Currently Rachel teaches playwriting for the Department of Writing at the University of Victoria. Prior to that she taught dramaturgy at UBC for 15 years and has been a guest lecturer in theatre at McGill University, Concordia University, University of Lethbridge, Emily Carr, and Simon Fraser University.
In 2013 Rachel was awarded the Bra D’Or from the Playwrights Guild of Canada for her work supporting women playwrights. She has twice been a juror for the Siminovitch Prize in Theatre and has served on numerous juries and panels speaking about the strength and vision of Canadian theatre artists.
Philip Akin has been acting and directing for over 40 years. In 2000, he was a founding member of Obsidian Theatre, Canada’s leading black theatre company, and has served as its Artistic Director since 2006. In this role, he has worked tirelessly to provide opportunities and guidance for emerging artists. In 2002, he was part of the team that launched the Obsidian Mentor/Apprentice Program, a one-of-a-kind program that has so far helped 61 black artists embark on exciting careers as directors, dramaturges, producers, production managers, lighting, set and costume designers with some of the most established performing arts companies nationwide.
His directing credits include Lynn Nottage’s Pulitzer Prize winning Ruined (Obsidian & Nightwood), Wilberforce Hotel (Blyth Festival), Whipping Man and Driving Miss Daisy (Harold Green Jewish Theatre),Topdog Underdog, The Mountaintop and “Master Harold”…and the Boys (Shaw Festival), Toronto the Good & El Paso (Factory Theatre), Intimate Apparel (Citadel Theatre, Canadian Stage, Obsidian Theatre), and Black Medea, Born Ready and Pusha Man (Obsidian Theatre).
He is currently the Vice-President of the Board for the Canadian Contemporary Dance Theatre and has served on juries for Theatre Ontario, OAC, Canada Council for the Arts.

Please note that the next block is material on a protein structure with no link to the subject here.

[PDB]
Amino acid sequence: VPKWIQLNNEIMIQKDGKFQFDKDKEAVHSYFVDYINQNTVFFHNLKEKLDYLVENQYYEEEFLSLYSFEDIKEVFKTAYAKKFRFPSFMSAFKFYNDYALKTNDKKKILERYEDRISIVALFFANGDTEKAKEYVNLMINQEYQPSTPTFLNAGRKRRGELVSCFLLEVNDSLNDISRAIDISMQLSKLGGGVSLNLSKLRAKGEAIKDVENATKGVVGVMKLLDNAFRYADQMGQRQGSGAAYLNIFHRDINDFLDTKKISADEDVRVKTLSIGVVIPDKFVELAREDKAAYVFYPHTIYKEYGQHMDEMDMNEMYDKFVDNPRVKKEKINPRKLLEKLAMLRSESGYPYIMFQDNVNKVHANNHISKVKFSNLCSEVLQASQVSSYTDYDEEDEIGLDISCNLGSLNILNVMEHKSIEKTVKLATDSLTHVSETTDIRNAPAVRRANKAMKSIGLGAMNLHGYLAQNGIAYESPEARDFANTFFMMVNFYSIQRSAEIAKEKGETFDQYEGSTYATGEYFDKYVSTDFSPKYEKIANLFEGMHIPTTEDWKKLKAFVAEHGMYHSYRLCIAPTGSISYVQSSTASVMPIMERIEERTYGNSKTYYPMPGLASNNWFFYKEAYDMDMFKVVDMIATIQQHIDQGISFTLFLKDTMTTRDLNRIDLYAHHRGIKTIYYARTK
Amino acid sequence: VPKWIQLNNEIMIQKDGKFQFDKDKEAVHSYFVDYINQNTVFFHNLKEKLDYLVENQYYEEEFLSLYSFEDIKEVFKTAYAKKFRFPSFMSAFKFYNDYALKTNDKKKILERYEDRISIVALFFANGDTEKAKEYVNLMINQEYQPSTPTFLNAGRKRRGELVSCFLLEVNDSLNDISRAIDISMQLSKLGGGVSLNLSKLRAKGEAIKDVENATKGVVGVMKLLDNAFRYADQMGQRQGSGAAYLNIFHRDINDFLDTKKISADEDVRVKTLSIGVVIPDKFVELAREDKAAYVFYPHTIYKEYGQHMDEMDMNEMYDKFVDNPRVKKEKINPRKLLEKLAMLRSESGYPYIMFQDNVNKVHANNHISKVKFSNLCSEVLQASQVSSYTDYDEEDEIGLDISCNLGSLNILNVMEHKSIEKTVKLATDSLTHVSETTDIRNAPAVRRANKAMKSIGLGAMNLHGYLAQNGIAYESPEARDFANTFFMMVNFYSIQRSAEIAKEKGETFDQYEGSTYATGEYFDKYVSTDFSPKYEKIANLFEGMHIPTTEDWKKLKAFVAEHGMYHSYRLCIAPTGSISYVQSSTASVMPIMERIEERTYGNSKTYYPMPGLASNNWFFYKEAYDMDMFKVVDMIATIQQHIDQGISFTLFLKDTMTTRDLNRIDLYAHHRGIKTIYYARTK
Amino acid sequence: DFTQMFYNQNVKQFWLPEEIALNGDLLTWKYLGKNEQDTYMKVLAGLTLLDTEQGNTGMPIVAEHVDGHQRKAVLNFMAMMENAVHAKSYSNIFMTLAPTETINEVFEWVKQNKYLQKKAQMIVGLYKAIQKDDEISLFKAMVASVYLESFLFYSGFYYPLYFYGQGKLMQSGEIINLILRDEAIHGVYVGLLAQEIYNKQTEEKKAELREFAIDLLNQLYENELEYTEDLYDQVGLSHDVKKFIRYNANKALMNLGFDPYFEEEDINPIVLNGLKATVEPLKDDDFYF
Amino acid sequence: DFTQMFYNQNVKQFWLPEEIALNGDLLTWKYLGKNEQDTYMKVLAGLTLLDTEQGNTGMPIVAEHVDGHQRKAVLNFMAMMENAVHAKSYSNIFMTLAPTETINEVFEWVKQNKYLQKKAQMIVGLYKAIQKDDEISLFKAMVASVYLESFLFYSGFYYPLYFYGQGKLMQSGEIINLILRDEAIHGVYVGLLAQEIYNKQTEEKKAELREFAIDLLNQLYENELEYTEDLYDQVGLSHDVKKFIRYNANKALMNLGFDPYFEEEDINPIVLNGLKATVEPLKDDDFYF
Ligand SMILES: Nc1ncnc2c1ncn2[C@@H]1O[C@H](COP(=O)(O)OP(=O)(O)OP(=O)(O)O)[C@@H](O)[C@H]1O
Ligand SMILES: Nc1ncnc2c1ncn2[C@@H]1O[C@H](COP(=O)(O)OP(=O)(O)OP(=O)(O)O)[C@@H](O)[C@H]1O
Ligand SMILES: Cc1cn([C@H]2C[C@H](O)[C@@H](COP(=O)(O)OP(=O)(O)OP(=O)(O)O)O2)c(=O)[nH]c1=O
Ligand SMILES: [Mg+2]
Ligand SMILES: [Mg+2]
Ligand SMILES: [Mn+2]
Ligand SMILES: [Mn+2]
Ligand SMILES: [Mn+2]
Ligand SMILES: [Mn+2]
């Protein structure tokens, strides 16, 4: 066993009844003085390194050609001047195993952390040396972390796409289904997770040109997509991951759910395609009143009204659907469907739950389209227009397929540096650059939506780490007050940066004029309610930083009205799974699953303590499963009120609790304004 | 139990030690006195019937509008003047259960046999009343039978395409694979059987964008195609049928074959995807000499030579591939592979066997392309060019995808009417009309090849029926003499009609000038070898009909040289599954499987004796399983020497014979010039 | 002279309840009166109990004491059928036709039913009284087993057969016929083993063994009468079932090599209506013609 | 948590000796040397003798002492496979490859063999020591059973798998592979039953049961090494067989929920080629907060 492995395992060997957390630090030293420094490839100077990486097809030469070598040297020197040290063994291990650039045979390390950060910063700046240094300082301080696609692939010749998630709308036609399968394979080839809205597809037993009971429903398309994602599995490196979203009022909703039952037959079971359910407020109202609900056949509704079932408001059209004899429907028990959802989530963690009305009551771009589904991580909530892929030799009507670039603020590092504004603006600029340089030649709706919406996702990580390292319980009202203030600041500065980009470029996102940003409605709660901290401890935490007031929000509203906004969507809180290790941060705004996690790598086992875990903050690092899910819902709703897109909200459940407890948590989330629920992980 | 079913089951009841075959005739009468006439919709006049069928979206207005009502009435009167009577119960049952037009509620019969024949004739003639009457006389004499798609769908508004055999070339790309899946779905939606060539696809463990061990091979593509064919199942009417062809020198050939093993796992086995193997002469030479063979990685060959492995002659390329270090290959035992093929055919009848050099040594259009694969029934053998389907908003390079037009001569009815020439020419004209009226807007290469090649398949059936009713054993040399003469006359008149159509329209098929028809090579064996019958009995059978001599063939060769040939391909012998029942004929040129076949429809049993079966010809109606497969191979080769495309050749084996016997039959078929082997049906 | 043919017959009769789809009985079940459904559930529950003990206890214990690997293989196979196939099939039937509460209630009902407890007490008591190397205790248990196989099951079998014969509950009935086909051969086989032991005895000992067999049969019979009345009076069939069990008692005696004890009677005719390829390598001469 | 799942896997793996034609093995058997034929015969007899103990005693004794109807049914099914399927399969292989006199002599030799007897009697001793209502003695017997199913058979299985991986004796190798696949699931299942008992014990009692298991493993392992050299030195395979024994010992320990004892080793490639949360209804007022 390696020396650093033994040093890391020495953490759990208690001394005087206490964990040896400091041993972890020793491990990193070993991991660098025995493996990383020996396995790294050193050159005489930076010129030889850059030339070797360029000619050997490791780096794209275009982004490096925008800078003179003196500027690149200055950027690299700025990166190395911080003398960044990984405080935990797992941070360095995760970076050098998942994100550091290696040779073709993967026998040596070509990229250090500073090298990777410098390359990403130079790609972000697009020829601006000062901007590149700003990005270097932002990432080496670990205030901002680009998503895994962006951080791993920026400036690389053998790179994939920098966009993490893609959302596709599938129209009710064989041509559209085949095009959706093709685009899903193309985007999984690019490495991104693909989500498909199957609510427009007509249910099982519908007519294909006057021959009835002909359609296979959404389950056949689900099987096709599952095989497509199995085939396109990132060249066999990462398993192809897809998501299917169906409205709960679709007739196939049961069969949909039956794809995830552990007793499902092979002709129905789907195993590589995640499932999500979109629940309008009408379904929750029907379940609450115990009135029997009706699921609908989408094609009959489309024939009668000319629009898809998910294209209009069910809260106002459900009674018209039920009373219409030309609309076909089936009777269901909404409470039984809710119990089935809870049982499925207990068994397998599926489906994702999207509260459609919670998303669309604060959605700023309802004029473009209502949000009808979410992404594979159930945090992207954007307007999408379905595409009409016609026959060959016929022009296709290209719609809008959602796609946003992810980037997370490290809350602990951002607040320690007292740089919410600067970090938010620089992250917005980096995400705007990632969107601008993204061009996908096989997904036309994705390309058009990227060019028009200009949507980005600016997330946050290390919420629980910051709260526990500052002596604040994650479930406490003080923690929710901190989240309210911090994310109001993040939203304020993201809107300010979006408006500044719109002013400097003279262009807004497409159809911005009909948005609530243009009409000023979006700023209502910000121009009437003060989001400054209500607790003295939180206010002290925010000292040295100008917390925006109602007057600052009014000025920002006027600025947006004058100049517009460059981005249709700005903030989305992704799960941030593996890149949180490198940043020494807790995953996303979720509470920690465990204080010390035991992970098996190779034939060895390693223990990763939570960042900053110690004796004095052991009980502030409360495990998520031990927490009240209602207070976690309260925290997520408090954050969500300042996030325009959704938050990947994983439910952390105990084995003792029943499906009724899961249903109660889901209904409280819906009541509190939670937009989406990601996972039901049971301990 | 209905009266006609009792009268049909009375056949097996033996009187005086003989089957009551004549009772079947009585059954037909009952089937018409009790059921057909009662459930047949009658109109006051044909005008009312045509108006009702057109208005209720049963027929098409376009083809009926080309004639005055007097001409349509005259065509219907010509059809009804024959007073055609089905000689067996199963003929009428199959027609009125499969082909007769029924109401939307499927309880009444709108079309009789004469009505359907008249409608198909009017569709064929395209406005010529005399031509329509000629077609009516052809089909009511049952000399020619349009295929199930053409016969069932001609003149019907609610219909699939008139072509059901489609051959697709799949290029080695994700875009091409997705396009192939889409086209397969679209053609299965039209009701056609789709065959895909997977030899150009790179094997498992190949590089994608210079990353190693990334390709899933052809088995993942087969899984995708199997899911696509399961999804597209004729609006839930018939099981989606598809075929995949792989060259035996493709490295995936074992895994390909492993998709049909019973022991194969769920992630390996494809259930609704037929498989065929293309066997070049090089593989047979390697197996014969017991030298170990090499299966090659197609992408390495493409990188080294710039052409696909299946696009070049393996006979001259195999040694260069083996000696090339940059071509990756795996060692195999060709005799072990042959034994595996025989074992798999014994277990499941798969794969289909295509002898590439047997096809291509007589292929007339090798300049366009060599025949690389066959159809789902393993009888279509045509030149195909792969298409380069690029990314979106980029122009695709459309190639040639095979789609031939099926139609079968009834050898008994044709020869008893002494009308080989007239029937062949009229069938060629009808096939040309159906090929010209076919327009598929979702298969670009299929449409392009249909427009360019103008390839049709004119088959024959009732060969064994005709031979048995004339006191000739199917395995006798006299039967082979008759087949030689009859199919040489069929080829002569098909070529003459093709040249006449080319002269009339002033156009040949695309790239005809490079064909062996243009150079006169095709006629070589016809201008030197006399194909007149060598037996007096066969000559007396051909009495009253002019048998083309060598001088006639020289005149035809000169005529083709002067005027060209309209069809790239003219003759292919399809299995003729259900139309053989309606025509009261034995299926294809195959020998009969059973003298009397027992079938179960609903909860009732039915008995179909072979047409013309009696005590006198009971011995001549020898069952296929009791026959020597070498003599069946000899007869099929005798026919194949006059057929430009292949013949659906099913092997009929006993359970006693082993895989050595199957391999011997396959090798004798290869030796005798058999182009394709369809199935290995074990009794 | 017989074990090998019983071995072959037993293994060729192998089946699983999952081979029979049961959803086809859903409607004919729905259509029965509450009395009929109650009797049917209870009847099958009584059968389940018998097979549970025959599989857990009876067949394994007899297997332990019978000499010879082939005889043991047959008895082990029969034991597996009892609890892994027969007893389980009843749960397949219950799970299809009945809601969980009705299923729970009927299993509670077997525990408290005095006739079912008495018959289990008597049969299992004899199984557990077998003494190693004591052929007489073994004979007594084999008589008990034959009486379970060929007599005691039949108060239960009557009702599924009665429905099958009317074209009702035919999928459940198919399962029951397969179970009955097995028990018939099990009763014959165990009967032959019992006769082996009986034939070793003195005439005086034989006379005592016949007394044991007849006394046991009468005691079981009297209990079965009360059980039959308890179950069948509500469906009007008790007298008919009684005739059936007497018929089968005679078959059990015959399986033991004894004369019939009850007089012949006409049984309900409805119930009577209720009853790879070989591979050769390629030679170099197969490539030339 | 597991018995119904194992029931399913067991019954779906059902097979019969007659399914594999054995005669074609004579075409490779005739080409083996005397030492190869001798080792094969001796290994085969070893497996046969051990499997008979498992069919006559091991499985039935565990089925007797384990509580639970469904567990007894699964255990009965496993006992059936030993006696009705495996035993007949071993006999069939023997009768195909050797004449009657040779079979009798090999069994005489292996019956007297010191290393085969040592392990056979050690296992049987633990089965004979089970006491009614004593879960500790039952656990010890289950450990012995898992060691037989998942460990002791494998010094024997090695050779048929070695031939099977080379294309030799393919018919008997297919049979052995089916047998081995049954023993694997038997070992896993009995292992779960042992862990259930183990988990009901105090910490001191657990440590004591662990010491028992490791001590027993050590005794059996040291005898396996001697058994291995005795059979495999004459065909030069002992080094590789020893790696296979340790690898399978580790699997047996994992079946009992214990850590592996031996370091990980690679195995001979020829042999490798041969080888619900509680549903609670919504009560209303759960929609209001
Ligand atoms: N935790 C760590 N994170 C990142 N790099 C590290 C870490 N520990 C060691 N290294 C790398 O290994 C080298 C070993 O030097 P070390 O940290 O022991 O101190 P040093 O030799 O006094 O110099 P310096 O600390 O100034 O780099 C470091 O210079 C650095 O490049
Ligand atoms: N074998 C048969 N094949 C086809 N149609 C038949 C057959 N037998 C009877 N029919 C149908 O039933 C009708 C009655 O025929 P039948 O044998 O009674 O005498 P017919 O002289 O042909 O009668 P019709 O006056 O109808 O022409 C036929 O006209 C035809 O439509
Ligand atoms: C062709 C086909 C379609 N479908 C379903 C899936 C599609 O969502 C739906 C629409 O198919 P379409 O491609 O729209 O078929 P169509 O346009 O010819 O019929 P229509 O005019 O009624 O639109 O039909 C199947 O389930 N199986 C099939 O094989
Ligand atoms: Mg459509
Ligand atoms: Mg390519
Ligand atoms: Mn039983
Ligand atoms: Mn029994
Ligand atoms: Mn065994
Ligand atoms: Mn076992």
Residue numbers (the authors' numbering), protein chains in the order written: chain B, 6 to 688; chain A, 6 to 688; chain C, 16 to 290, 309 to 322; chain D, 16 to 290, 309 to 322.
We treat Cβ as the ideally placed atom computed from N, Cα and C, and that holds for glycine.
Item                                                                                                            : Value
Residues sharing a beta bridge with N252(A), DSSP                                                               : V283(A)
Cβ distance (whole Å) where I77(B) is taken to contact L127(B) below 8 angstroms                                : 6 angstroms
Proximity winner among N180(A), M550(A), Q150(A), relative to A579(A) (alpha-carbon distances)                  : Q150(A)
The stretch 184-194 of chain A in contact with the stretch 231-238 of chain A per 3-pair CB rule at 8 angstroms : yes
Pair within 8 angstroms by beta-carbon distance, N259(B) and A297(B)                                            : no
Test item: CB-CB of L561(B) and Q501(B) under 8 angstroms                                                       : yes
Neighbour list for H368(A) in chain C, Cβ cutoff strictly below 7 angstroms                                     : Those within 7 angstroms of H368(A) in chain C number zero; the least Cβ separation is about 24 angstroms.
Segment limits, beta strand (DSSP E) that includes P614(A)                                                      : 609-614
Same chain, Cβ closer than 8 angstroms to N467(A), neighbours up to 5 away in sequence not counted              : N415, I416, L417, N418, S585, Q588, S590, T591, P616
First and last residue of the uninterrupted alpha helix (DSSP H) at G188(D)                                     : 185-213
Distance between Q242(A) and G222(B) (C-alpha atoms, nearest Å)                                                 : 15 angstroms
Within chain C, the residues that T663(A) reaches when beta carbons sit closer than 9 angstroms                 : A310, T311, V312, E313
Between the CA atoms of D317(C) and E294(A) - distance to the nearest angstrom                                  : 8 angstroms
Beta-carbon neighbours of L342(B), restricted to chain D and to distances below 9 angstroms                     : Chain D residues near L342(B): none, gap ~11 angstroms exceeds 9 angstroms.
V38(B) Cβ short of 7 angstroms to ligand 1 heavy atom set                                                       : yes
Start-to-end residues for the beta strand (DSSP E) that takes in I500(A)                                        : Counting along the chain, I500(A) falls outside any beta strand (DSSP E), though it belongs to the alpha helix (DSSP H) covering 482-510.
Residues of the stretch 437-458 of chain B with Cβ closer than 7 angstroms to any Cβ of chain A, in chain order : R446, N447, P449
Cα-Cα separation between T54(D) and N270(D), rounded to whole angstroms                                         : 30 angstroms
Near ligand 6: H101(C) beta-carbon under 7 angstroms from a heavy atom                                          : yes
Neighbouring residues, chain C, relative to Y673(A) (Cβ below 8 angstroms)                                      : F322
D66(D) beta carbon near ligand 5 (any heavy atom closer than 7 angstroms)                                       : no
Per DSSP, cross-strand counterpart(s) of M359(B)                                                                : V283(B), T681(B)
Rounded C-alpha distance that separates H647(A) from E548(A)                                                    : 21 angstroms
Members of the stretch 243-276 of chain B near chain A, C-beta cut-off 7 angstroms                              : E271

Marjorie Chan is a multi-disciplinary theatre artist based in Toronto. She made her Cahoots debut in 1998, performing in Noran Bang: The Yellow Room by M.J. Kang, and was Associate Artistic Director from 2006 – 2010. Her own plays produced and supported by Cahoots are Spring Arrival, a nanking winter, and The Madness of the Square. As a writer, her works have been performed in the United States, Scotland, Hong Kong, Russia and across Canada. She has been artist-in-residence with Tapestry New Opera, Cahoots Theatre, Factory Theatre (with Njo Kong-kie), Theatre Centre (with the 6th Man Collective), Theatre Direct Canada, SUNY (Geneseo, New York), Theatre du Pif (Hong Kong) and the Banff Playwrights’ Colony. A 7-time nominee, Marjorie is the recipient of four Dora Awards, one as an actor, and three as a librettist. She has also received the K.M. Hunter Artist’s Award in Theatre for the breadth of her work, as well as a Harold Award for her community contribution to the theatre industry in Toronto. Other notable nominations include the John Hirsch Directing Prize, Governor General’s Literary Award for her playwriting debut, China Doll and the Canadian Citizen Award for her work with Crossing Gibraltar – a theatre program for marginalized communities. Most recently, she was awarded the George Luscombe Award for Mentorship in Professional Theatre. Marjorie has been Artistic Director since 2013, with a focus on new play development, mentorship and accessibility. (Pronouns: She/Her)